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Some Lazydays Holdings (NASDAQ:LAZY) Shareholders Are Down 39%

Simply Wall St

Investors can approximate the average market return by buying an index fund. Active investors aim to buy stocks that vastly outperform the market - but in the process, they risk under-performance. For example, the Lazydays Holdings, Inc. (NASDAQ:LAZY) share price is down 39% in the last year. That's well bellow the market return of 8.1%. Because Lazydays Holdings hasn't been listed for many years, the market is still learning about how the business performs. The falls have accelerated recently, with the share price down 17% in the last three months.

See our latest analysis for Lazydays Holdings

Given that Lazydays Holdings didn't make a profit in the last twelve months, we'll focus on revenue growth to form a quick view of its business development. Shareholders of unprofitable companies usually expect strong revenue growth. Some companies are willing to postpone profitability to grow revenue faster, but in that case one does expect good top-line growth.

In just one year Lazydays Holdings saw its revenue fall by 1.7%. That looks pretty grim, at a glance. The stock price has languished lately, falling 39% in a year. That seems pretty reasonable given the lack of both profits and revenue growth. It's hard to escape the conclusion that buyers must envision either growth down the track, cost cutting, or both.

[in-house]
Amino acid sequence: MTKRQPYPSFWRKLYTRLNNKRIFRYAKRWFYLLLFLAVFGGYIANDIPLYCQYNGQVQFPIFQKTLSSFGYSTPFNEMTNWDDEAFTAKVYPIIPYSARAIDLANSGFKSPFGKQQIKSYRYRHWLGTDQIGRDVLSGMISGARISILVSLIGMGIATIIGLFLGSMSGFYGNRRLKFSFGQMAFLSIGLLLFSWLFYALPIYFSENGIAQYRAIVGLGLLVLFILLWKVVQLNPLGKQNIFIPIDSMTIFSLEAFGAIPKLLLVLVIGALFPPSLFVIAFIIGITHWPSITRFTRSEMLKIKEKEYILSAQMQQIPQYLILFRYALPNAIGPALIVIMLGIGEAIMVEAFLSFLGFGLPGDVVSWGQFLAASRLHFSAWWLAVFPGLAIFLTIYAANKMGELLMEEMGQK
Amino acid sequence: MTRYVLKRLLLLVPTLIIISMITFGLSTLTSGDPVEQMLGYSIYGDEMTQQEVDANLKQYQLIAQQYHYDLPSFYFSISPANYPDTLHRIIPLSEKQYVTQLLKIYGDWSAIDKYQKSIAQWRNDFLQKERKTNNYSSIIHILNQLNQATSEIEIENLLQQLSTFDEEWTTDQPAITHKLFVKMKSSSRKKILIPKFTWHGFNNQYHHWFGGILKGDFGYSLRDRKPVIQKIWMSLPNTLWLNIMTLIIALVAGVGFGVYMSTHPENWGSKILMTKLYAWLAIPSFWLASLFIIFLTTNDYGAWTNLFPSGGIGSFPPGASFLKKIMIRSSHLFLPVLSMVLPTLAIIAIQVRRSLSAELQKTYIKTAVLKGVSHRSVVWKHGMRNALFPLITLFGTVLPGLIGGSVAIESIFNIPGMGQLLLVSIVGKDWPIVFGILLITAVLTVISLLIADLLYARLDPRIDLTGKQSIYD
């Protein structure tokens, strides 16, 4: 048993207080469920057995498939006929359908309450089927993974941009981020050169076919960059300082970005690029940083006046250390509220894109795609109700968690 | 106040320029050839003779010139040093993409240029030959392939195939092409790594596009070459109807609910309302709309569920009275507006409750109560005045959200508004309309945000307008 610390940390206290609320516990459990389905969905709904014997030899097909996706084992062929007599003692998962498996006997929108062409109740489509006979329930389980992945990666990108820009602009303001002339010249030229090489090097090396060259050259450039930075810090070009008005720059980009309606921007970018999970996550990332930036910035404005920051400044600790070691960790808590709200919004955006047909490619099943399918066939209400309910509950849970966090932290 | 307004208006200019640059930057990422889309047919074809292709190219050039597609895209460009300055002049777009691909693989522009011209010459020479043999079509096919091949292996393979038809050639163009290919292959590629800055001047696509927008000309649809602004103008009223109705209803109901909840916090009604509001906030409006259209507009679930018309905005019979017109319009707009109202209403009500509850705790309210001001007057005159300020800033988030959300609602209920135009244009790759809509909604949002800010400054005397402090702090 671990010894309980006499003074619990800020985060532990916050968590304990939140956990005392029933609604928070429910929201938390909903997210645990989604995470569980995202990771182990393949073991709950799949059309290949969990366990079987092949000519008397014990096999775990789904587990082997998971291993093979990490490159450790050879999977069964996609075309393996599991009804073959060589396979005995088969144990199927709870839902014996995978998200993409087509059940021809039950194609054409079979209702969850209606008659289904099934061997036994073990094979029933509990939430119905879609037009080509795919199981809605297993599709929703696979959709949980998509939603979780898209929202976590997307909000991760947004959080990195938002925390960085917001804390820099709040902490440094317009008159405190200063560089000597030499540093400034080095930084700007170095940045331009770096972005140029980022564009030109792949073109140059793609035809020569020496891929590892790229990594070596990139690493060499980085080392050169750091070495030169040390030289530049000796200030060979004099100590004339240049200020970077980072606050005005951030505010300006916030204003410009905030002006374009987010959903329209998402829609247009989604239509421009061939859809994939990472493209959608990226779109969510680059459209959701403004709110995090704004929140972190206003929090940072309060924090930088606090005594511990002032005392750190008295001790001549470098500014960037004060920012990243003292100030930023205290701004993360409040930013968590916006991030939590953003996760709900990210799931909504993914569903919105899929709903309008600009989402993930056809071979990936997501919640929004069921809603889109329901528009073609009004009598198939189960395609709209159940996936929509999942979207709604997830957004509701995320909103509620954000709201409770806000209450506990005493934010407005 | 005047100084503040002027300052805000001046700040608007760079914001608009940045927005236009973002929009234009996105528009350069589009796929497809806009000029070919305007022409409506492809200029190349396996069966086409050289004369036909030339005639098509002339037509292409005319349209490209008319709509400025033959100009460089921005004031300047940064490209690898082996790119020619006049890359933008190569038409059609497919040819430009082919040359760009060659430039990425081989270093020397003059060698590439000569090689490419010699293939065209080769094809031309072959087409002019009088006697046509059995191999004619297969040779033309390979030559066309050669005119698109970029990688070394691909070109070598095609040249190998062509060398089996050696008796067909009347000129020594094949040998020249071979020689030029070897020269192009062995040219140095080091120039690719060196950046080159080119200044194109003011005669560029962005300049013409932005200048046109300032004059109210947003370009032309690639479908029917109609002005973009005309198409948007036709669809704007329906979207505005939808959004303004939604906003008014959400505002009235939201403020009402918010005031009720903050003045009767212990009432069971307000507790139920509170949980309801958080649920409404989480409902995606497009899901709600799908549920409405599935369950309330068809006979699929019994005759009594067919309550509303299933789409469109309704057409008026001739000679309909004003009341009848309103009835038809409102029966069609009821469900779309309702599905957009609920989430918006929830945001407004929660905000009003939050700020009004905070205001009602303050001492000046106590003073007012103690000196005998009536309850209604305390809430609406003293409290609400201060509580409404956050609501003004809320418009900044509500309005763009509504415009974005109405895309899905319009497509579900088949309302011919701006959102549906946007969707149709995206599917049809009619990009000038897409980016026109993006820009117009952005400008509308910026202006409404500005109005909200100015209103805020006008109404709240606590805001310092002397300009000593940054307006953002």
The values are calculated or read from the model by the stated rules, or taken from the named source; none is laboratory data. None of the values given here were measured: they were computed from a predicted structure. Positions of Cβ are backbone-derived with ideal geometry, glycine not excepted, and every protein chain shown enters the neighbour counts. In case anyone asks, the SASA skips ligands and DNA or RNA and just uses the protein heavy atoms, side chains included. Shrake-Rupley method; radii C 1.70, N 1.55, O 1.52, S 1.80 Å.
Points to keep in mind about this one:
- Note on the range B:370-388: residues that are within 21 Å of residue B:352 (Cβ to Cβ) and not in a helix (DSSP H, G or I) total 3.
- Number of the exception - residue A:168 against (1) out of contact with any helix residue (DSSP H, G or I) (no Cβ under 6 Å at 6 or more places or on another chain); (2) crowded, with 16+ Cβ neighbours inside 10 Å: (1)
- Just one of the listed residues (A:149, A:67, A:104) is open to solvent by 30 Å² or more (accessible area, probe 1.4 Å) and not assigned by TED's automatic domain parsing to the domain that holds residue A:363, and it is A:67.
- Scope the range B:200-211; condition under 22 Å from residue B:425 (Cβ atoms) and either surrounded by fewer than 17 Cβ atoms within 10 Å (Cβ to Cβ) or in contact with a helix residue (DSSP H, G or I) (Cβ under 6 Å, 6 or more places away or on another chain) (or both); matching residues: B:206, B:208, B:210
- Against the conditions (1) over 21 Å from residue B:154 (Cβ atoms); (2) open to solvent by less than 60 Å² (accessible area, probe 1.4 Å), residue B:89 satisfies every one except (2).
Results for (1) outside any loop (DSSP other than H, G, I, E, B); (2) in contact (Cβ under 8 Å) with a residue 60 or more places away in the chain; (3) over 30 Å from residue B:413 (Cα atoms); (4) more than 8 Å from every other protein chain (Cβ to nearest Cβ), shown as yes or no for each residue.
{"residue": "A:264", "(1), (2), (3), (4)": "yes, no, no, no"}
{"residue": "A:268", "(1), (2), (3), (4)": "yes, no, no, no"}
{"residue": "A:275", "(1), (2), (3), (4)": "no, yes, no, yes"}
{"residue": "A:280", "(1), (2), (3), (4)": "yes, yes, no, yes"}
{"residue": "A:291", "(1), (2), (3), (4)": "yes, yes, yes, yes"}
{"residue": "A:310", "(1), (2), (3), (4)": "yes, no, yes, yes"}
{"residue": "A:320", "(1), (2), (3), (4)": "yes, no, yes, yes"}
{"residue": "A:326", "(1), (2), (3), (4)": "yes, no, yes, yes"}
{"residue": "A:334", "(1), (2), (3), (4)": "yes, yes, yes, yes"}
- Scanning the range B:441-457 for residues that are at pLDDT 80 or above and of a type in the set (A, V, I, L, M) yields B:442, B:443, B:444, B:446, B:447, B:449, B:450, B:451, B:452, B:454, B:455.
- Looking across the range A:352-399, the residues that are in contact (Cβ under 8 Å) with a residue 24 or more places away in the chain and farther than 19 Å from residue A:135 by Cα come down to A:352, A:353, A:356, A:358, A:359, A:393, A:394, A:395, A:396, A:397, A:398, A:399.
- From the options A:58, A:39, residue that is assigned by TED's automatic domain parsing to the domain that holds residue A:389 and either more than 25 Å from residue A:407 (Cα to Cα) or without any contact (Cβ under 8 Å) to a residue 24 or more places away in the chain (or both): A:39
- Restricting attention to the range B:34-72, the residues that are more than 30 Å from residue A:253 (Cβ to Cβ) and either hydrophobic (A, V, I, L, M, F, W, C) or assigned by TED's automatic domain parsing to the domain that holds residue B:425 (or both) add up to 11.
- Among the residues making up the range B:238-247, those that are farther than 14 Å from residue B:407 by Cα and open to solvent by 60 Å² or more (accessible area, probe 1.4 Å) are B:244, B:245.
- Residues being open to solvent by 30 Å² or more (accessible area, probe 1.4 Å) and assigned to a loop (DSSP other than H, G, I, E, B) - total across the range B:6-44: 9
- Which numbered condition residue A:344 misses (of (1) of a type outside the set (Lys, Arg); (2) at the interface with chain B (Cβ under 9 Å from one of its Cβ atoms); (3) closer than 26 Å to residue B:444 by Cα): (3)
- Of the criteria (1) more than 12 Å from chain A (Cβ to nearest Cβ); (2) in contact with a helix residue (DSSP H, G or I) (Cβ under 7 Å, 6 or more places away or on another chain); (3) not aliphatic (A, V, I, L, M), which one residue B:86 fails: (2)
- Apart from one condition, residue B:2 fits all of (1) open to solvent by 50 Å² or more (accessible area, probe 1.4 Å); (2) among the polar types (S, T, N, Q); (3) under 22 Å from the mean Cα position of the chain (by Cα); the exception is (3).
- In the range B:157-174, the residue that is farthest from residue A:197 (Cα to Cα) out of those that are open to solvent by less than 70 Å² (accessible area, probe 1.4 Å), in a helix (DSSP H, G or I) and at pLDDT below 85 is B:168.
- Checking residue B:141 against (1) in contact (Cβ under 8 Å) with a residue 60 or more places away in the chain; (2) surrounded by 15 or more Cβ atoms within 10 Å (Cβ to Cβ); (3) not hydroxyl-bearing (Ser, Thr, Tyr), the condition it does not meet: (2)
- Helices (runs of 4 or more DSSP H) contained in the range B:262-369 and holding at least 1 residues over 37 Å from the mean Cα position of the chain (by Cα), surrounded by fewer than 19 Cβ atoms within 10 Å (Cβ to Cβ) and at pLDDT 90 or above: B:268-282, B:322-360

You can see below how earnings and revenue have changed over time (discover the exact values by clicking on the image).

NasdaqCM:LAZY Income Statement, October 11th 2019

We like that insiders have been buying shares in the last twelve months. Even so, future earnings will be far more important to whether current shareholders make money. You can see what analysts are predicting for Lazydays Holdings in this interactive graph of future profit estimates.

A Different Perspective

While Lazydays Holdings shareholders are down 39% for the year, the market itself is up 8.1%. While the aim is to do better than that, it's worth recalling that even great long-term investments sometimes underperform for a year or more. With the stock down 17% over the last three months, the market doesn't seem to believe that the company has solved all its problems. Basically, most investors should be wary of buying into a poor-performing stock, unless the business itself has clearly improved. It is all well and good that insiders have been buying shares, but we suggest you check here to see what price insiders were buying at.

Lazydays Holdings is not the only stock insiders are buying. So take a peek at this free list of growing companies with insider buying.

Please note, the market returns quoted in this article reflect the market weighted average returns of stocks that currently trade on US exchanges.

We aim to bring you long-term focused research analysis driven by fundamental data. Note that our analysis may not factor in the latest price-sensitive company announcements or qualitative material.

If you spot an error that warrants correction, please contact the editor at editorial-team@simplywallst.com. This article by Simply Wall St is general in nature. It does not constitute a recommendation to buy or sell any stock, and does not take account of your objectives, or your financial situation. Simply Wall St has no position in the stocks mentioned. Thank you for reading.